“Our parks and public lands support outdoor recreation, promote renewable energy and allow us to harness other domestic energy resources, create jobs and promote economic development in communities across all 50 states.”
It’s the “other domestic energy resources” that caught our eye.
Posted June 25, 2015
Let’s get into some of the detail in the new Wood Mackenzie study that was released this week, starting with the implications for domestic energy supply, found in two vastly different energy paths that U.S. policymakers could take. As the study details, the path we choose will affect energy production, job creation, the economy and the lives of individual Americans.
For context, recall that Wood Mackenzie’s study compared two energy policy paths – one that embraces pro-development, and one that’s characterized by regulatory constraints. Certainly, the constrained path actually would just continue a number of the policies the current administration is advancing.
Posted June 24, 2015
Houston Chronicle – The oil industry’s leading trade group on Tuesday kicked off its 2016 political campaigning, with plans to air issue advertising and hold events in battleground states.
The American Petroleum Institute launched its “Vote 4 Energy” with a pledge to stay above the partisan fray while ensuring that energy policy is part of the political discussion leading up to the November 2016 elections.
The group released a Wood Mackenzie study that it said illustrated the stark choice facing voters, by modeling how two different regulatory approaches to oil and gas would affect domestic production of those fossil fuels and economic activity related to them.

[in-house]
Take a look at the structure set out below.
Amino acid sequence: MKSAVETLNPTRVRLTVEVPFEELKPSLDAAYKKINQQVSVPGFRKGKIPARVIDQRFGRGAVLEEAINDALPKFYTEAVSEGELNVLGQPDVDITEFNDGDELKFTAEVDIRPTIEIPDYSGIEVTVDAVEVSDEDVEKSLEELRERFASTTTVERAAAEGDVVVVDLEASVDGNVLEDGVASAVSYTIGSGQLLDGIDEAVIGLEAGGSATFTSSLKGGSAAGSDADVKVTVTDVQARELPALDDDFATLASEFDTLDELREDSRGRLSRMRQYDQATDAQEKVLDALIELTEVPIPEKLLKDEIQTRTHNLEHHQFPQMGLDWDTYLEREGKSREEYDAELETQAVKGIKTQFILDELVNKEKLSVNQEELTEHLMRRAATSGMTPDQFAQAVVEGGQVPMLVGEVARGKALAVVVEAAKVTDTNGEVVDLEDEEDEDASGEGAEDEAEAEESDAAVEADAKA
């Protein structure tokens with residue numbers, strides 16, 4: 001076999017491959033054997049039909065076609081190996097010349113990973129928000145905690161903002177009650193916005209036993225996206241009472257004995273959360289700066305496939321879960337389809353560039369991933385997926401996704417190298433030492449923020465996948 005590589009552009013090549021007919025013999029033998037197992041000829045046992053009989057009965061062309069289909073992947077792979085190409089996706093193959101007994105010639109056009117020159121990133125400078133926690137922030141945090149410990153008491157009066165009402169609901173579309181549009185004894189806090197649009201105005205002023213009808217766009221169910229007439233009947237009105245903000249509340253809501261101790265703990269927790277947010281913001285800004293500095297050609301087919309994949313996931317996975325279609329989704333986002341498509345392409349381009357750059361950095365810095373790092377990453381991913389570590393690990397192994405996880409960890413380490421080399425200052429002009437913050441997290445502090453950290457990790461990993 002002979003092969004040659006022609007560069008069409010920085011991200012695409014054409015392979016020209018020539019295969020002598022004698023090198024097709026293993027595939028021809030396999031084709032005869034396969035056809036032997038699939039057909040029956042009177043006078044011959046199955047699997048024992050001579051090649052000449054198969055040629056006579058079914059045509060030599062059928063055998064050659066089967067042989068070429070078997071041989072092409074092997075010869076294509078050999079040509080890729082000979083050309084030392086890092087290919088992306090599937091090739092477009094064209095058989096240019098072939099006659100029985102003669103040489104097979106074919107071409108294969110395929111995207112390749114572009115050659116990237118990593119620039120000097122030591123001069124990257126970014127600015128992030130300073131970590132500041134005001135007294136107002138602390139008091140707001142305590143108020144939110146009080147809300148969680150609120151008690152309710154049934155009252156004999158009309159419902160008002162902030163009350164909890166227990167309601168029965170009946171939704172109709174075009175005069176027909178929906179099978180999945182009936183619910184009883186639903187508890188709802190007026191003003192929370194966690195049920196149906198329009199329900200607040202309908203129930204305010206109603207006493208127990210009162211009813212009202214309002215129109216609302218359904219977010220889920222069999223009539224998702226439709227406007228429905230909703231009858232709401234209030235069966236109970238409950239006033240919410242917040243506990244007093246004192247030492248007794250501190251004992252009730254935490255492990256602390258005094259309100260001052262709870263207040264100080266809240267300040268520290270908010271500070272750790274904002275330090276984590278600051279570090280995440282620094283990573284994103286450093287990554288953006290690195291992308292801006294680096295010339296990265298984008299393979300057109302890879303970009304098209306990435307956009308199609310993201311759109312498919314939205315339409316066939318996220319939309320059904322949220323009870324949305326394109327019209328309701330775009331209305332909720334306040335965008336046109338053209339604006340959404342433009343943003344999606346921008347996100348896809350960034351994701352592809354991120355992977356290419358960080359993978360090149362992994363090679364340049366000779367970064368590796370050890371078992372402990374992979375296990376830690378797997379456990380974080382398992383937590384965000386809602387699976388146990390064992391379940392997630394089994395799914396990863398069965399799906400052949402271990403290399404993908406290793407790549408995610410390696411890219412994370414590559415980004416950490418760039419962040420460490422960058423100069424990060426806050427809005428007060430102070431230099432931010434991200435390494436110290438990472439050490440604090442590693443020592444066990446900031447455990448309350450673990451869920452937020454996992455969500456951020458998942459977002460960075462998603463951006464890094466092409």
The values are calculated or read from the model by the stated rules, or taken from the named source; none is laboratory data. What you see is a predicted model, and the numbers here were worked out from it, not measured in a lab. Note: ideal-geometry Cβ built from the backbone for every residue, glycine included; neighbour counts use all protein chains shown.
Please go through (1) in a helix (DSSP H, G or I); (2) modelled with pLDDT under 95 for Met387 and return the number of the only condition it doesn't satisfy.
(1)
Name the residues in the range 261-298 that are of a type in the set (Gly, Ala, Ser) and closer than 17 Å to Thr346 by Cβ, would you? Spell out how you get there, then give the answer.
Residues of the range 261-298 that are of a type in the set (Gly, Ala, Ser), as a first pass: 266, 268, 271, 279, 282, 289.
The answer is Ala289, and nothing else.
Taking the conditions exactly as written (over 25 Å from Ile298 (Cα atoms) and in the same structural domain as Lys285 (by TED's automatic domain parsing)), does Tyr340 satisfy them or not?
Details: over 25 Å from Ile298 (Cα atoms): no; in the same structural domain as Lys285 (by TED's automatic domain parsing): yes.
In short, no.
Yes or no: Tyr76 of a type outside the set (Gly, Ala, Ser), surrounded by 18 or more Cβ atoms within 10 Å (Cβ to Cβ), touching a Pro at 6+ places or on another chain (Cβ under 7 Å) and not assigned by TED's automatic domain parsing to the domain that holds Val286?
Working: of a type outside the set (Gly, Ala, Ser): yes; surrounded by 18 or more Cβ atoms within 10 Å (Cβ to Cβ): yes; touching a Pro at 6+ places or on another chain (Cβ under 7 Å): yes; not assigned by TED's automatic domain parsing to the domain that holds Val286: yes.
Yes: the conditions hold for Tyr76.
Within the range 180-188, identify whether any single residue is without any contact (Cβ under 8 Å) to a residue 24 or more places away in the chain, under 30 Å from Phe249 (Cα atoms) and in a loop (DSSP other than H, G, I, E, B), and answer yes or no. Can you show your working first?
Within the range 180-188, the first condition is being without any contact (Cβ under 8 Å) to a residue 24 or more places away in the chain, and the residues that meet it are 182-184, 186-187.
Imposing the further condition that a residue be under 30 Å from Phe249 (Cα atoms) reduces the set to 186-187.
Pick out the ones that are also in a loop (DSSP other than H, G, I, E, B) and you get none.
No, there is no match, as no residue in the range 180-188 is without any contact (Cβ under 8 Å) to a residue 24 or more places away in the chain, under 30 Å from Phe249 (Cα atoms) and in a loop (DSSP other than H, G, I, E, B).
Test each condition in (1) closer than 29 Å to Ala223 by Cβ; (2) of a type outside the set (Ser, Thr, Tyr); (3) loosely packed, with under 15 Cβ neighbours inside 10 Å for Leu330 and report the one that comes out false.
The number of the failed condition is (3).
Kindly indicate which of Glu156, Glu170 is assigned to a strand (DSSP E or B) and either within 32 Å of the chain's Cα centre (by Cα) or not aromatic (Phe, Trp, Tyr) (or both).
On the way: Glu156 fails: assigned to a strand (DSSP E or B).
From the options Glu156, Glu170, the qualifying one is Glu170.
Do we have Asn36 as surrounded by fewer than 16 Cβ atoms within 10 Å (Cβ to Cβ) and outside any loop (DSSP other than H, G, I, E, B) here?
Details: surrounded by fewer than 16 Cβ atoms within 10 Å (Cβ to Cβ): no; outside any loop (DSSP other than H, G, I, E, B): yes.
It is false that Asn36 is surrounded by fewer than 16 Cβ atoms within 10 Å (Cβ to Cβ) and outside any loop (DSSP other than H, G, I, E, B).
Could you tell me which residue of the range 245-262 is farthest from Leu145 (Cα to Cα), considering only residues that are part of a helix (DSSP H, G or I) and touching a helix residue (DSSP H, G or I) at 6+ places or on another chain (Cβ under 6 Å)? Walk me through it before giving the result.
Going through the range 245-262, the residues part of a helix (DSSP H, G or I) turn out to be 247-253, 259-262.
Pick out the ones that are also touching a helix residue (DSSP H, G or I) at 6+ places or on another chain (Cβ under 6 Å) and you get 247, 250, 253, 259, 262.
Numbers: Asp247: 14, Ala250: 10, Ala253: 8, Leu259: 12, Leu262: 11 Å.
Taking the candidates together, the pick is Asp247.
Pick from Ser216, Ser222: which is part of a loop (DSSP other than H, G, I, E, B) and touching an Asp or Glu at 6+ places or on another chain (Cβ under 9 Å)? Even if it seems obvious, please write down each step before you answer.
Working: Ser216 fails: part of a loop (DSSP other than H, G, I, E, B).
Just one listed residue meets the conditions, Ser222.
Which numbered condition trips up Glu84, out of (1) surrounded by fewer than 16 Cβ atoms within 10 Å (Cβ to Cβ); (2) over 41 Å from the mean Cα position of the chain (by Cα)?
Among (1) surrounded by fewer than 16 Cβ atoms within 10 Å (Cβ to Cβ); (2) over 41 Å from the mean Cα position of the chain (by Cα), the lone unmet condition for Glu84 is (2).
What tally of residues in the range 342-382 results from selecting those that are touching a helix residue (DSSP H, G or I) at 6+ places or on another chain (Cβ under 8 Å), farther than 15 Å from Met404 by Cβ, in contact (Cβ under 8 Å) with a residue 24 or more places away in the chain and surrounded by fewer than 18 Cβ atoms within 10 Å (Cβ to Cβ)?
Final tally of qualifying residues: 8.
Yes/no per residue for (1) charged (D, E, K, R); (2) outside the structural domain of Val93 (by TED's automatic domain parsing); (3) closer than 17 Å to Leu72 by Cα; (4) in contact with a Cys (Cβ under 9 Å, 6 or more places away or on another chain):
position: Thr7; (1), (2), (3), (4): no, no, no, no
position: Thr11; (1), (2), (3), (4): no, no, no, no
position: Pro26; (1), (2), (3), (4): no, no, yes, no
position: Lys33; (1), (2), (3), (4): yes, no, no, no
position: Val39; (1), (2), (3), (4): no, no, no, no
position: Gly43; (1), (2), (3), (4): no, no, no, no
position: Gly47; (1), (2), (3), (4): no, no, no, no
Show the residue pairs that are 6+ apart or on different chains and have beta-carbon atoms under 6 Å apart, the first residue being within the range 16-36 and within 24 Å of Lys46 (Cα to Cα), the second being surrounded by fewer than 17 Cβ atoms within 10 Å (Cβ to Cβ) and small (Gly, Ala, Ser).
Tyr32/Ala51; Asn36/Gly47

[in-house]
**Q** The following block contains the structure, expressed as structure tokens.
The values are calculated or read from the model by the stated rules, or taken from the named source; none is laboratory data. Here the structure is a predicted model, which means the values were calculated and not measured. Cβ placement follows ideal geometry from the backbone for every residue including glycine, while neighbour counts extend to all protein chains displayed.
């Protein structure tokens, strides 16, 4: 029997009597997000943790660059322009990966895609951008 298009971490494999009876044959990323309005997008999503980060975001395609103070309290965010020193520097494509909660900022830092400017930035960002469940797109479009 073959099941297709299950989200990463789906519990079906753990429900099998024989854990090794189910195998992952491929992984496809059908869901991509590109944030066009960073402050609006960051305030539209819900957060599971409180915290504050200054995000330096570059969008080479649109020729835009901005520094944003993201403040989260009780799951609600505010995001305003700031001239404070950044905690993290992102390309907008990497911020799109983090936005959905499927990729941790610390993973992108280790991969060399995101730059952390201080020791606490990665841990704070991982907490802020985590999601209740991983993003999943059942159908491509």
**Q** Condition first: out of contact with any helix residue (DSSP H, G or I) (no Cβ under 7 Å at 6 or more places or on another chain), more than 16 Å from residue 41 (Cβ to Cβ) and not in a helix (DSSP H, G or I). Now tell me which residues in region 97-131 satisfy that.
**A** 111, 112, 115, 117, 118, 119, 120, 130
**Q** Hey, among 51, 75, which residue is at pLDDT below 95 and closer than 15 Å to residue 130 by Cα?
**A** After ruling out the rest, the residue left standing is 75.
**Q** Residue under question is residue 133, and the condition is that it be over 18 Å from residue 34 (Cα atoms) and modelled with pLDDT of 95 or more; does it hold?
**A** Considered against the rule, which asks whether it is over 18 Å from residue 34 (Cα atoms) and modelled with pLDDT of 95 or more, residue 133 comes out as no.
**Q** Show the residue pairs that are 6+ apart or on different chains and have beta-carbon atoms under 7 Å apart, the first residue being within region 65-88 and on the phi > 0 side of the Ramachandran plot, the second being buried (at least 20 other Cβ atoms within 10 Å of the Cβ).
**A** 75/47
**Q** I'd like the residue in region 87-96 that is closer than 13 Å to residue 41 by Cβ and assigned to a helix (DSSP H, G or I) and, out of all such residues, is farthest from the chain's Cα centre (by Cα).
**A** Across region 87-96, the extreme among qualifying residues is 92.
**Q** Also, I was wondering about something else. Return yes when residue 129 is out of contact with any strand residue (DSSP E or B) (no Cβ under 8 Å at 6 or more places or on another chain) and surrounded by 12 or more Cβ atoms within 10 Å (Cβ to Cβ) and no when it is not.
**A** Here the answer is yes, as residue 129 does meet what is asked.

Under a relatively hands-off scenario with “pro-development” policies, the United States would gain 2.3 million U.S. jobs and $443 billion in economic activity by 2035, according to the API-commissioned analysis. Oil and natural gas production, meanwhile, would jump by 8 million barrels of oil equivalent per day, the study predicted.
Posted June 23, 2015
We spend a good deal of time trying to highlight the enormous potential of American energy – in terms of jobs, growth to our economy, greater energy security and more. It’s a big deal. The ongoing U.S. energy revolution is a game-changer – built on safe, responsible domestic oil and natural gas development.
Yet, there’s a caveat: Energy development hinges on energy policy. And as the 2016 election cycle nears, it’s difficult to overstate the importance of choosing policymakers who: (a) recognize the generational opportunities being afforded by American energy, and (b) understand the need for policy paths and regulatory approaches that will sustain and grow our country’s energy renaissance.
The major findings in a new Wood Mackenzie study show in clear terms the stakes for all Americans in choosing the right leadership for the country’s energy future. Wood Mackenzie analyzed and compared the impacts in seven major areas of a future characterized by pro-development policies and also one characterized by regulatory constraints.
Posted June 19, 2015
The issue was energy infrastructure – where the United States is and where things are headed. At the U.S. Energy Information Administration’s (EIA) annual conference this week, one discussion honed in on the challenges to infrastructure approval and construction – as well as government’s best role in developing projects that are key to U.S. energy transport and overall energy security. The latter produced some friction between speakers not often seen at conferences like EIA’s. More below.
The U.S. Energy Department’s Melanie Kenderdine talked about some of the details in the department’s recently issued Quadrennial Energy Review (QER), which focused on ways to modernize the nation’s infrastructure.